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Toccatas from Coventry

Toccatas from Coventry cover picture

David Poulter on the Organ of Coventry Cathedral

Toccata and Fugue in D minor J S Bach

The Prince of Denmark's March (Trumpet Voluntary) Jeremiah Clarke

Jesu, joy of man's desiring J S Bach

Arrival of the Queen of Sheba G F Handel

Te Deum (Hymne d'actions de grce) Jean Langlais

Andante No. 2 Louis James Alfred Lefébure-Wély

Fanfare Percy Whitlock

Folk tune Percy Whitlock

Nun danket alle Gott Sigfrid Karg-Elert

Sheep may safely graze J S Bach

Festival toccata Percy E Fletcher

Le banquet céleste Olivier Messiaen

Prelude on the Londonderry Air Noel Rawsthorne

Toccata (from Symphony No. 5) Charles-Marie Widor

Total playing time 73m 00s

Toccatas from Coventry

Toccatas from Coventry

The organ has the broadest repertoire of any instrument. As far back as the 15th Century right up to the present day, transcriptions of vocal and orchestral music form a major part of the organist's repertoire. Four of the works on this CD are transcriptions. Jeremiah Clarke's The Prince of Denmark's March is from a suite for trumpet and Handel's Arrival of the Queen of Sheba is from his oratorio Solomon (1749). Bach's Sheep may safely graze is an orchestral movement from the secular Cantata 208, whereas Jesu, joy of man's desiring is a movement for choir and orchestra from Cantata 147. One scholar has even suggested that Bach's famous Toccata and Fugue in D minor may have started life not as an organ work but as a piece for solo violin, and may not even be the work of Bach. Various elements of the style suggest that it is an early Bach organ work, influenced by the North German tradition of Buxtehude and his predecessors. After the strong rhetoric of the Toccata, the fugue soon breaks out of its straitjacket and becomes more rhapsodic.

The French symphonic organ built in the 19th Century possessed great power and a varied, colourful orchestral pallet. These instruments heralded a new school of organ composition, of which Charles-Marie Widor's Toccata is undoubtedly the best known example. This Toccata is from the Symphonie V (symphony here means suite) and achieved overnight popularity when it was played as the Postlude at the Wedding of the Duke and Duchess of Kent in 1961. In contrast to Widor, Lefébure-Wély was regarded by some of his contemporaries as a crude showman of a composer and organist. His gentle, pastoral Andante No. 2, however, shows a less bombastic side to his musical personality.

The symphonic organ tradition continues in France to this day. Olivier Messiaen's Le Banquet Céleste ("The Heavenly Banquet") may sound strikingly modern to some ears, but was actually written in 1928. It was one of the composer's first published works, and was ahead of its time in many ways. The slow tempo and the inertia of the harmony aim to depict eternity. In a very different musical vein is Jean Langlais' Te Deum. The plainsong themes are developed into a free, tripartite work, and the piece is brought to a cataclysmic conclusion based on the opening ideas.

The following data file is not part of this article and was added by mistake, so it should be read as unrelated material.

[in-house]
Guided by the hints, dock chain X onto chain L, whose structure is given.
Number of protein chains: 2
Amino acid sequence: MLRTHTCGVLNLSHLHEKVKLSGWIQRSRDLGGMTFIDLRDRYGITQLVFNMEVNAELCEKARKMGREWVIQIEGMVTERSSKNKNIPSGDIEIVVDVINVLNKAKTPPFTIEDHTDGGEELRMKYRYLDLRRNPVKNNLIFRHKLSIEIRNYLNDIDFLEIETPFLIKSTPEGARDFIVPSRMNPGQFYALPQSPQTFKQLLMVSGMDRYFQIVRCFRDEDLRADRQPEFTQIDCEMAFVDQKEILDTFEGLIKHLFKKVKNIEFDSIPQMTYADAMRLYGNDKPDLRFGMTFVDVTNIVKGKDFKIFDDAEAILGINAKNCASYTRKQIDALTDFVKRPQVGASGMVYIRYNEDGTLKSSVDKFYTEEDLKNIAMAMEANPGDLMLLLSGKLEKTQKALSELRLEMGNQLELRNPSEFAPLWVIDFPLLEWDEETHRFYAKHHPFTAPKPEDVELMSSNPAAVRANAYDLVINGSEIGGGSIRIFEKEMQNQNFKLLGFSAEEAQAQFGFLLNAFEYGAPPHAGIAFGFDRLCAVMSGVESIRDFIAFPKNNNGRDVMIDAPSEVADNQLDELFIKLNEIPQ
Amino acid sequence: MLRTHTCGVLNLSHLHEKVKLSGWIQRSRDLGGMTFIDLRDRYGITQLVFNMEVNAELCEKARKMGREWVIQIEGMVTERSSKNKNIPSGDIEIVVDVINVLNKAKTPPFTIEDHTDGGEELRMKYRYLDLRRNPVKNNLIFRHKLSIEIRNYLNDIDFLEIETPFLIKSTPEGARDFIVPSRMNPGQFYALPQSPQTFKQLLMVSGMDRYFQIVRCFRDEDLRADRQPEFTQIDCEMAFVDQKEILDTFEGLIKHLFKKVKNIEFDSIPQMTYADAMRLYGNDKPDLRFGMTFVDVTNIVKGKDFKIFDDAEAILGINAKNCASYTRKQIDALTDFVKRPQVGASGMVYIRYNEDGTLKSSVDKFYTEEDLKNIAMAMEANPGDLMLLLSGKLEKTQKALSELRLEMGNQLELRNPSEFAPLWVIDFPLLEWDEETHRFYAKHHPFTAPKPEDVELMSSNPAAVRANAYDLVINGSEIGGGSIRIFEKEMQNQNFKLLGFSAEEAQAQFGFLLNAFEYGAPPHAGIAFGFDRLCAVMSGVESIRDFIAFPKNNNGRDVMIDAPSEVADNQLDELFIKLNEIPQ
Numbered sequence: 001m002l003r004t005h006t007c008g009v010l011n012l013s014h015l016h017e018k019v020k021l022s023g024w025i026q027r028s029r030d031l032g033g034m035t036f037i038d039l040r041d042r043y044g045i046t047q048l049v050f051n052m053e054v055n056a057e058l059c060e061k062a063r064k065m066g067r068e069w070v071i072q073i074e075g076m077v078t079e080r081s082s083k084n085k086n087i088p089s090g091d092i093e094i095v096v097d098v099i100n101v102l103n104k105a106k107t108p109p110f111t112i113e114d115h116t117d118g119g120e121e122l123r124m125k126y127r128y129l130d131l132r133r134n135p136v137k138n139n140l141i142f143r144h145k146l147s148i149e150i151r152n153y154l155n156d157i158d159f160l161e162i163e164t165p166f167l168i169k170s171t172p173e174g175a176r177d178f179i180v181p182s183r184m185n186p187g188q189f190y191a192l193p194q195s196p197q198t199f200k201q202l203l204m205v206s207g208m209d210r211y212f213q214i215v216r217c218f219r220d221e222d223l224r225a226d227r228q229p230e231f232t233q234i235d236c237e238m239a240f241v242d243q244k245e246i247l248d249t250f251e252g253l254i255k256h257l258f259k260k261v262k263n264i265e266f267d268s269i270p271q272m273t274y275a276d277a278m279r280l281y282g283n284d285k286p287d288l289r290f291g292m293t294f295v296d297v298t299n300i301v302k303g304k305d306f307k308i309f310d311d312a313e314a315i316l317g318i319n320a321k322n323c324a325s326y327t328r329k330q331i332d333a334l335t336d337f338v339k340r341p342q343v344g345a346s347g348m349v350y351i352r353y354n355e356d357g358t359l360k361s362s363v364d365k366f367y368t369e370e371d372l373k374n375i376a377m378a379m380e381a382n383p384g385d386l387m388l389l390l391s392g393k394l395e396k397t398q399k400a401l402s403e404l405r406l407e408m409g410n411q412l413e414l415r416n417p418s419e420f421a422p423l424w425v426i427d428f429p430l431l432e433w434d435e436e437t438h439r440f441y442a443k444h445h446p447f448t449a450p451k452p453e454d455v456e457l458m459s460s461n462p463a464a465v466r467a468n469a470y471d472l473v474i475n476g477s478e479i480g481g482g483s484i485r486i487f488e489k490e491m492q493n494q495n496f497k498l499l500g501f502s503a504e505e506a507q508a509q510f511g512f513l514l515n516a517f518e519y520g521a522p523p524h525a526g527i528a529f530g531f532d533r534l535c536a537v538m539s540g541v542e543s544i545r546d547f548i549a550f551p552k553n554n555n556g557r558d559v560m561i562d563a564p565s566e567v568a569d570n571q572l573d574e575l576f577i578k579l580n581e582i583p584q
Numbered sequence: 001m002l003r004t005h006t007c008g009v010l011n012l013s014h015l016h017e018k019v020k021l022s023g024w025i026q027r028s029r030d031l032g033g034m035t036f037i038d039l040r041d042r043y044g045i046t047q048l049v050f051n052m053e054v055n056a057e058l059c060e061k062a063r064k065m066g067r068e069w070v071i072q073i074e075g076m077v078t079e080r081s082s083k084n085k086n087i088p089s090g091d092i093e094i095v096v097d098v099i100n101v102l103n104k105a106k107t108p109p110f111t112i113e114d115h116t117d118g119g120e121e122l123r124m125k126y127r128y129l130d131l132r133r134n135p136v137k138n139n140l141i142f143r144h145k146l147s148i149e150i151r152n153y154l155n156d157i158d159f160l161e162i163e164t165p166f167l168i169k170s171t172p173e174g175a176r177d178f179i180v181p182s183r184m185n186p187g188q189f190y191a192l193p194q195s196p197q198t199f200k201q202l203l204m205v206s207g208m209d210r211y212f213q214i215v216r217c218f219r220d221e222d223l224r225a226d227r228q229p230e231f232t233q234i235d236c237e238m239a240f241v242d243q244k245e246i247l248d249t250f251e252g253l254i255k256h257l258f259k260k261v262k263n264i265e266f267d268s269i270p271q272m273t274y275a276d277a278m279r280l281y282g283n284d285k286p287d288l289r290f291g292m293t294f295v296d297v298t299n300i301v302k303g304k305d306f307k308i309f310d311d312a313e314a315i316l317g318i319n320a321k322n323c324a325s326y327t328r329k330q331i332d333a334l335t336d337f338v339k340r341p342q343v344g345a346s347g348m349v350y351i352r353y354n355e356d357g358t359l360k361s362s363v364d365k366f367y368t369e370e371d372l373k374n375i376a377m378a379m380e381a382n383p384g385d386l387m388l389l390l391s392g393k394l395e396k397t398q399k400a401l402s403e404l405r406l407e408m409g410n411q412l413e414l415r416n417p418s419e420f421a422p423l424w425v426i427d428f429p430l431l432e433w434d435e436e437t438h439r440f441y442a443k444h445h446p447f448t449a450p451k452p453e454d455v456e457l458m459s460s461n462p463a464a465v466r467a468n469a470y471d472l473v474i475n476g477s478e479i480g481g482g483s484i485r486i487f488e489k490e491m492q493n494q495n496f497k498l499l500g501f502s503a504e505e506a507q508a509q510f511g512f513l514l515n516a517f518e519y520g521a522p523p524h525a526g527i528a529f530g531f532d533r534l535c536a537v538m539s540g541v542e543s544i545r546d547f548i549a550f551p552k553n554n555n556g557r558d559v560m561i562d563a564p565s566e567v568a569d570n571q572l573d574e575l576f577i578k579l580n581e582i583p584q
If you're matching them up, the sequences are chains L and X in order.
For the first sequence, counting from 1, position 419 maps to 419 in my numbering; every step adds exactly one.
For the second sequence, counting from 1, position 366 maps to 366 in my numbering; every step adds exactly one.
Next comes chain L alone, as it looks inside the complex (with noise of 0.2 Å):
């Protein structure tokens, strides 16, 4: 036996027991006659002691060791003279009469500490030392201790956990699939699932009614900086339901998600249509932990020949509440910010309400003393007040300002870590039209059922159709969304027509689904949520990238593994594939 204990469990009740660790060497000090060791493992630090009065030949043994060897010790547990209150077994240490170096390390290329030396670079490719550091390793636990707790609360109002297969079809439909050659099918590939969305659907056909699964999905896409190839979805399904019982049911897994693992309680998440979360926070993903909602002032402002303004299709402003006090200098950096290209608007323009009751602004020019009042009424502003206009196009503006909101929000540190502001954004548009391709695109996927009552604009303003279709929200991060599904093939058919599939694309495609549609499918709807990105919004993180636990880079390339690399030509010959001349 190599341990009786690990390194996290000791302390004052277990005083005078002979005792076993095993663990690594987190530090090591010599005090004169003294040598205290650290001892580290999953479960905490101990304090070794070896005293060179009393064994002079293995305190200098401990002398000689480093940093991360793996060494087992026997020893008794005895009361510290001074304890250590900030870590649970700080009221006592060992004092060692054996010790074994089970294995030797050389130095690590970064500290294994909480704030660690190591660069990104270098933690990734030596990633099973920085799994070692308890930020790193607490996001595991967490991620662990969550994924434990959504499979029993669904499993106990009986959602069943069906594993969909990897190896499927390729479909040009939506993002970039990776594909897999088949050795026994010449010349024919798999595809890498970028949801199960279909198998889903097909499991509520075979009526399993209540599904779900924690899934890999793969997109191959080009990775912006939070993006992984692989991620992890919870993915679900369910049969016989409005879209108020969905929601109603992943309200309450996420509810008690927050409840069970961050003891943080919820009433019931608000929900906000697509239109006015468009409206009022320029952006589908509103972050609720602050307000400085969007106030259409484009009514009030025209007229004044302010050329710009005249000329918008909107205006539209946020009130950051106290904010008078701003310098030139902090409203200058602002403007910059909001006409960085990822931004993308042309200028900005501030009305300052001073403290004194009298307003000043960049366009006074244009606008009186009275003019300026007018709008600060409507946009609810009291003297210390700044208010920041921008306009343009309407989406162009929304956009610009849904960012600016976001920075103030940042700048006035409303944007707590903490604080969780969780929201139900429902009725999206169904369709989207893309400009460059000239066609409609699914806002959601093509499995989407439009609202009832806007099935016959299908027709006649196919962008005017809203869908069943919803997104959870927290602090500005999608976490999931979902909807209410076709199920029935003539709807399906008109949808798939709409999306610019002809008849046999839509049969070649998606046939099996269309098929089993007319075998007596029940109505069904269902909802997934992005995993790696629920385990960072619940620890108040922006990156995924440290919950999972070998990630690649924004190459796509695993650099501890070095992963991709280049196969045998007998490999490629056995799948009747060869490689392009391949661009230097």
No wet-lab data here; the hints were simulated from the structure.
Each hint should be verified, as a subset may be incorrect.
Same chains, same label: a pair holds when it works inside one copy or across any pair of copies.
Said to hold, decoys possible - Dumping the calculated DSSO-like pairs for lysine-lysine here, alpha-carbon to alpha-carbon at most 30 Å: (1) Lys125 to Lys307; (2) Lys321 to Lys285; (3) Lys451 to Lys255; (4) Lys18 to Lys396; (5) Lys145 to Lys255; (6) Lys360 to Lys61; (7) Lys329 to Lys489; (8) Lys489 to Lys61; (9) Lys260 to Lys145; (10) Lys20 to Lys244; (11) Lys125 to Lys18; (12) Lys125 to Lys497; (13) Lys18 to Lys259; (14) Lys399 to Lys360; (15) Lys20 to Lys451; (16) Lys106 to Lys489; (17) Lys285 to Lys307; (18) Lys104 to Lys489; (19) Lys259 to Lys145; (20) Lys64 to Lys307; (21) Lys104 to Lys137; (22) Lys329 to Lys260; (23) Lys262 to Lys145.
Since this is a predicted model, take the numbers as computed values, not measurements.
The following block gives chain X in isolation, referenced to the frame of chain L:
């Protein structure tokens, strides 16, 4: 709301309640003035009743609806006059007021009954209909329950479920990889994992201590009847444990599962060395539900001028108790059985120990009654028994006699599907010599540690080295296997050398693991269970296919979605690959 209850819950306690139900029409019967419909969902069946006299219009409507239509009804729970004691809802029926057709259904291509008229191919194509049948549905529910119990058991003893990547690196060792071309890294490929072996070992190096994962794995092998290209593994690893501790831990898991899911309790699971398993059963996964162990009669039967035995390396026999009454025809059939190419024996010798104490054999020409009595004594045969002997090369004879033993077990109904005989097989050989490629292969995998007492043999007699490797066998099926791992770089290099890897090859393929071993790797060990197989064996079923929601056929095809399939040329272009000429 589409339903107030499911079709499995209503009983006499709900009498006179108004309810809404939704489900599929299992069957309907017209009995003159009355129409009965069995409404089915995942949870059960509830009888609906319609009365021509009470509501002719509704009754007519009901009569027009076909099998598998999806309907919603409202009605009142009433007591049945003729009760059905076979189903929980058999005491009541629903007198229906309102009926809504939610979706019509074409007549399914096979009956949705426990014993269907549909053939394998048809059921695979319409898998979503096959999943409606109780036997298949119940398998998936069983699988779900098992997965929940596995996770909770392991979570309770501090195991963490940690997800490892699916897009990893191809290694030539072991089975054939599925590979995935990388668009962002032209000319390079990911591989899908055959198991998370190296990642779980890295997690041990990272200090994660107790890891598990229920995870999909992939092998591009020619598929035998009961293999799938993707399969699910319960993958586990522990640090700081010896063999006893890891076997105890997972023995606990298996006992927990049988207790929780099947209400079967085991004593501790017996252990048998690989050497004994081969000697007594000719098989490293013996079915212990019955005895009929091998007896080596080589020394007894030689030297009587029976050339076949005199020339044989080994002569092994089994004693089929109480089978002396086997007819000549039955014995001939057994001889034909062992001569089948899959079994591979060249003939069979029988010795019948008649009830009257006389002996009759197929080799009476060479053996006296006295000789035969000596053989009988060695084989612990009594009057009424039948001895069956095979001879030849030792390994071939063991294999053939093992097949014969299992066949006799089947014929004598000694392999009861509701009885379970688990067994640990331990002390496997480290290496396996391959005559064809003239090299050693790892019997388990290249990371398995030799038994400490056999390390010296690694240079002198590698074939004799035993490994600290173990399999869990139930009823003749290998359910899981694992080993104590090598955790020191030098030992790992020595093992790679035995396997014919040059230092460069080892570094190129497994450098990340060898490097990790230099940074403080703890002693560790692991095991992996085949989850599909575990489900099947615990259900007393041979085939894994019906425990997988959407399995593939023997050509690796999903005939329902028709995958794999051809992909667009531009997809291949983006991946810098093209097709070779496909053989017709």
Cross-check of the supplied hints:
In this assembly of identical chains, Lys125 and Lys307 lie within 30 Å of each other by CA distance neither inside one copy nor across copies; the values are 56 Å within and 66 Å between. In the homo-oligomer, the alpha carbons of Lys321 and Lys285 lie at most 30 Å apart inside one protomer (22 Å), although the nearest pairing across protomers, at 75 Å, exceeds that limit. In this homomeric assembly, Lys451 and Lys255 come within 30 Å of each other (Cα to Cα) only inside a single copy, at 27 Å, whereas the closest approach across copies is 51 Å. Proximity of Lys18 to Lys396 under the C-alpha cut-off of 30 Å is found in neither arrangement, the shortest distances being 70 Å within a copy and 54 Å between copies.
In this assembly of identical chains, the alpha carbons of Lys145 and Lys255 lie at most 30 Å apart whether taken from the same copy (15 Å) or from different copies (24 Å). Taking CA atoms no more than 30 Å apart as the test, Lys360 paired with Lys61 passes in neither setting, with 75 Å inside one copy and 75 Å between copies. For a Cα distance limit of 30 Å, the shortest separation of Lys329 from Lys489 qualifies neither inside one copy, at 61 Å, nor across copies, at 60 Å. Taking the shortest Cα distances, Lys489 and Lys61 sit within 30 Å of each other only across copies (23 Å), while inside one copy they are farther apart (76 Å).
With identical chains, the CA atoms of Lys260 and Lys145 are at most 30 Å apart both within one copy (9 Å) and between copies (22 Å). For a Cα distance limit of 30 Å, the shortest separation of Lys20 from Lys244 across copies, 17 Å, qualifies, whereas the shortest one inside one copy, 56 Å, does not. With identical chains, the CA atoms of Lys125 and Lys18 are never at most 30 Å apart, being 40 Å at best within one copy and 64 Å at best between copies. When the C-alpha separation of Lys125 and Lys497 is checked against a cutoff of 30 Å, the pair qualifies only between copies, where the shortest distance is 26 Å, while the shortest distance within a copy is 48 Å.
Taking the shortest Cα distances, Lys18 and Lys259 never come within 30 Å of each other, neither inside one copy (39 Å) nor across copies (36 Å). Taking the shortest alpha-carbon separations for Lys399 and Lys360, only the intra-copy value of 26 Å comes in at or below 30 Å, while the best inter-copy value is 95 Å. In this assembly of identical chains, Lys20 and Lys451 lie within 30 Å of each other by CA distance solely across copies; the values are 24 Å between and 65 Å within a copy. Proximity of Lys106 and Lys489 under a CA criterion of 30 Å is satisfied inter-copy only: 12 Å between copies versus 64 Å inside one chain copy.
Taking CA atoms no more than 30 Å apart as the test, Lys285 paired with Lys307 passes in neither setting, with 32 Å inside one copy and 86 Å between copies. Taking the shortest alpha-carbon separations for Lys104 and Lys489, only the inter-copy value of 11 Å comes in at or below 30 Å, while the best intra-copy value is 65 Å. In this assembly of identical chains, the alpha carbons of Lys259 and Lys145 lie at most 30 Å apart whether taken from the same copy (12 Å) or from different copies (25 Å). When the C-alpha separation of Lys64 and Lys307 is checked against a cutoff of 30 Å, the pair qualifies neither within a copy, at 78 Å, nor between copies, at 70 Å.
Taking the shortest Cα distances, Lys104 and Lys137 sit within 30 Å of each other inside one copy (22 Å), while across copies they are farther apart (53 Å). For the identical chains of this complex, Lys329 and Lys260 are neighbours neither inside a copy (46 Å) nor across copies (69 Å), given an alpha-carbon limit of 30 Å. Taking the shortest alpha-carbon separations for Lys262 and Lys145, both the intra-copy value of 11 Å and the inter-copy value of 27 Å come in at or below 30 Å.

Percy Whitlock's Fanfare and Folk Tune are typical of the lighter side of the English "pastoralist" school. The Folk Tune is memorably melodic (as is Noel Rawsthorne's simple Prelude on the Londonderry Air, based on the well-known tune of "O Danny Boy"), and the Fanfare is typically restrained, not least the serene and gently wistful middle section. Percy Fletcher's Festival Toccata is a much more extrovert piece. Fletcher worked as a conductor in various London theatres, and this probably explains the piece's garish character. Equally extrovert is Sigfrid Karg-Elert's Marche Triomphale sur Nun danket alle Gott. The Lutheran Chorale (the teutonic equivalent of the Anglican hymn tune) has been the inspiration for much German music over the course of the last few centuries. Karg-Elert's rousing march on this well known chorale is the musical mirror of the Coventry Cathedral organ: eclectic, vibrant and powerful.
Daniel Moult

David Poulter

Born in 1954, David Poulter was educated at King"s School, Rochester. He was a Foundation Scholar at The Royal College of Music and a Royal College of Organists "Limpus" prizewinner. He was Assistant Organist at Rochester Cathedral from 1976 to 1981 and, following a period as Head of Music at Tunbridge Wells Girls" Grammar School, he moved to Coventry Cathedral as Assistant Director of Music in 1990. He was appointed Director of Music at Coventry Cathedral in 1995. In April 1997, David Poulter succeeded Roger Fisher as Director of Music at Chester Cathedral.

Produced by Daniel Moult
Recorded and edited by Lance Andrews
Photograph by Ian Kerr